¶ 10 Because a statement acknowledging paternity has the same legal effect as an order entered in a court, the district court has the power to vacate such an order for fraud practiced by the successful party.   12 O.S.2001, § 1031(4).3  In his Petition to Vacate and Set Aside Judgment or Order, Hill requests that the district court vacate the order in the form of the affidavit acknowledging paternity declaring David A. Sawyer to be the father of D.S. The ground for vacation of the order is 12 O.S.2001, § 1031(4).  Section 1038 4 is a general statute of limitation applicable to proceedings brought under § 1031.   With regards to subsection 4, where the complaining party alleges that an order has been obtained by fraud, proceedings to vacate that order must be commenced within two years after the order was made.   The complaining party need not have actual notice of the fraud.   Constructive notice of fraud from public records, required by law to be kept, is sufficient to set the statute of limitations in motion.   Gearhart Industries, Inc. v. Grayfox Operating Co., 1992 OK CIV APP 44, ¶ 5, 829 P.2d 1005, 1006.5

“Where the means of discovering fraud are in the hands of the party defrauded and the defrauding party has not covered up his fraud to the extent that it would be difficult or impossible to discover, the party defrauded will be deemed to have had notice of the fraud from the date the means of discovering such fraud came into his hands, and the fraud will be deemed to have been discovered upon that date.”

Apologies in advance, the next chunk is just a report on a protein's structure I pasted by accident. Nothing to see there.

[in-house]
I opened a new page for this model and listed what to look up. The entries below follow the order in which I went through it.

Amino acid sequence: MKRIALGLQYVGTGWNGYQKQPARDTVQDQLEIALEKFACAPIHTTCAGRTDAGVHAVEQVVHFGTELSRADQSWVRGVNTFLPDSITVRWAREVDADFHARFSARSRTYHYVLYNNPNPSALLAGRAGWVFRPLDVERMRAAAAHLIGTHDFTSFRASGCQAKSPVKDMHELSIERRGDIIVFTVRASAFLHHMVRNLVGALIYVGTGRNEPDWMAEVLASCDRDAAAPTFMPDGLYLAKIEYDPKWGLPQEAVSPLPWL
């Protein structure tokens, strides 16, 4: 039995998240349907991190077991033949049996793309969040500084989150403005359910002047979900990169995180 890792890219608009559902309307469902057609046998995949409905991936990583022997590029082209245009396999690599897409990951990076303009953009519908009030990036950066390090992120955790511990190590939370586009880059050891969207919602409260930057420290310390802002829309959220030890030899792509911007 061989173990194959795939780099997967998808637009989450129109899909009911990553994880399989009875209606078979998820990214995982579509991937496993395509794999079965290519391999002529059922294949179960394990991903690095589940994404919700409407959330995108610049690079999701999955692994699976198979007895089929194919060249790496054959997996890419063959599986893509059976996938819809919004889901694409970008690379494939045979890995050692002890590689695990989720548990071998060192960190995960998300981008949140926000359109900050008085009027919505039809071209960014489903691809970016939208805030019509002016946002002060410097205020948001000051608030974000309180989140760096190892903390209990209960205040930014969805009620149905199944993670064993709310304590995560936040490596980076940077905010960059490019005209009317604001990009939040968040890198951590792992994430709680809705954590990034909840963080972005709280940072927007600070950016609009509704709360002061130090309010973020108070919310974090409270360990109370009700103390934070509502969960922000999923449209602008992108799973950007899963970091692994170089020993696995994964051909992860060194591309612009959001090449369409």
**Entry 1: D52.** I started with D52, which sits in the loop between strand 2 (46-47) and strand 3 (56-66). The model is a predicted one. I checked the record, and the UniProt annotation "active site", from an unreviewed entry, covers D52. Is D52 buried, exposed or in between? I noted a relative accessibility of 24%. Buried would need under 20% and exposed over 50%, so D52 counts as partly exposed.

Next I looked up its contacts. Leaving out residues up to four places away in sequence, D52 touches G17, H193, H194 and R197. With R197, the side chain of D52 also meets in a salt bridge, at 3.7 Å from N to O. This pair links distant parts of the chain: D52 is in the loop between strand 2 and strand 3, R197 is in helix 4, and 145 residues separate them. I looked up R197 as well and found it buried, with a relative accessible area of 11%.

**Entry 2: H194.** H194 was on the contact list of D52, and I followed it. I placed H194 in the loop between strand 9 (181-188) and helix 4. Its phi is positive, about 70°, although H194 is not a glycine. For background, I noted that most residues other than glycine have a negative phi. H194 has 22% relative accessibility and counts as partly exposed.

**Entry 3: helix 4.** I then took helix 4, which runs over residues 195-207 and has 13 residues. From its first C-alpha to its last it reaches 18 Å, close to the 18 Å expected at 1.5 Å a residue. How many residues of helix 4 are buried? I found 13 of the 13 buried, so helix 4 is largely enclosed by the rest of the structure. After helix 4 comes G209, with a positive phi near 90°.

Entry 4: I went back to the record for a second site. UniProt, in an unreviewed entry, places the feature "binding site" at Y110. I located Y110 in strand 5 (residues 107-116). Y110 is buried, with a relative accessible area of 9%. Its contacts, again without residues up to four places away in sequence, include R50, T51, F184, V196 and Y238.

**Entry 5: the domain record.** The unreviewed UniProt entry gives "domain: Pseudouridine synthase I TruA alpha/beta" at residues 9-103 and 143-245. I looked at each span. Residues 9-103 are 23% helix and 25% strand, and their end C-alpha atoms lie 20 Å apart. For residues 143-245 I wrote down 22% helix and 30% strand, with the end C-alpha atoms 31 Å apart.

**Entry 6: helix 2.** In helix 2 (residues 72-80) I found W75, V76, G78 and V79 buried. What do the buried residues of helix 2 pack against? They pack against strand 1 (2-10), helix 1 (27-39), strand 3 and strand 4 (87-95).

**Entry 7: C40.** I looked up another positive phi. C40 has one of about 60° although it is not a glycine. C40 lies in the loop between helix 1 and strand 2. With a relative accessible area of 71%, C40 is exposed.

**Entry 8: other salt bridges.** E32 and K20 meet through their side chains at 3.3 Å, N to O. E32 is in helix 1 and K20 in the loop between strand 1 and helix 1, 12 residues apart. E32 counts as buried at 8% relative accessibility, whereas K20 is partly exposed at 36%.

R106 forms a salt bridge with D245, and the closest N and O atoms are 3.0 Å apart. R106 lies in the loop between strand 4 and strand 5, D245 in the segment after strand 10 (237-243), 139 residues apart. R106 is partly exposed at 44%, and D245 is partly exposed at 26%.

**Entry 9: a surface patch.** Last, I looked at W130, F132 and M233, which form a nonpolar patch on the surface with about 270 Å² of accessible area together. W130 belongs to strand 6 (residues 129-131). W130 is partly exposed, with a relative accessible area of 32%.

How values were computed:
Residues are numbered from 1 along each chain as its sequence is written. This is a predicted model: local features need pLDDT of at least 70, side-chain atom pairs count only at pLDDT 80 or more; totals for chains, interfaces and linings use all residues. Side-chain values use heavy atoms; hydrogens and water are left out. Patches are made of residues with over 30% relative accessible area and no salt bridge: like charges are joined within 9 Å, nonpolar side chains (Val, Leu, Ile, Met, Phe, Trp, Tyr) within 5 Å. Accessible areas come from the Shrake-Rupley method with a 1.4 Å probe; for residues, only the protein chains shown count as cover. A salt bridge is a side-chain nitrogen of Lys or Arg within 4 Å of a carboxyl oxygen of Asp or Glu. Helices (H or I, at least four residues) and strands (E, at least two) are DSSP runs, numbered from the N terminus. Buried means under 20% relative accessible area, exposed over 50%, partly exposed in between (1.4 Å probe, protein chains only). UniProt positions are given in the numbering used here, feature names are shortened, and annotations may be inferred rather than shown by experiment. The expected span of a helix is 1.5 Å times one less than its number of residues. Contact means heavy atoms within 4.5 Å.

Smith v. Kimsey, 1943 OK 121, ¶ 5, 138 P.2d 94, 94-95.6

 ¶ 11 Hill is chargeable with knowledge that a positive pregnancy test administered on December 25, 1996, is likely to be followed by the birth of a child approximately forty weeks later, that is, around September 30, 1997.   D.S. was born September 23, 1997.   Instead of making inquiry about the birth, the issuance of a birth certificate, or matters of support and visitation, Hill waited until the child was almost six years old before he filed suit.   The means of discovery of the alleged fraud were no less available to Hill in the fall of 1997 than they were five years later in June of 2002.   So, even if Blevins' naming of Sawyer as the father was false, means of discovering the alleged fraud were readily available to Hill any time from and after the issuance of the birth certificate on October 17, 1997, expiring two years later in October of 1999.   This suit, filed nearly four years subsequent, July 2003, was correctly found to be time-barred by the trial court.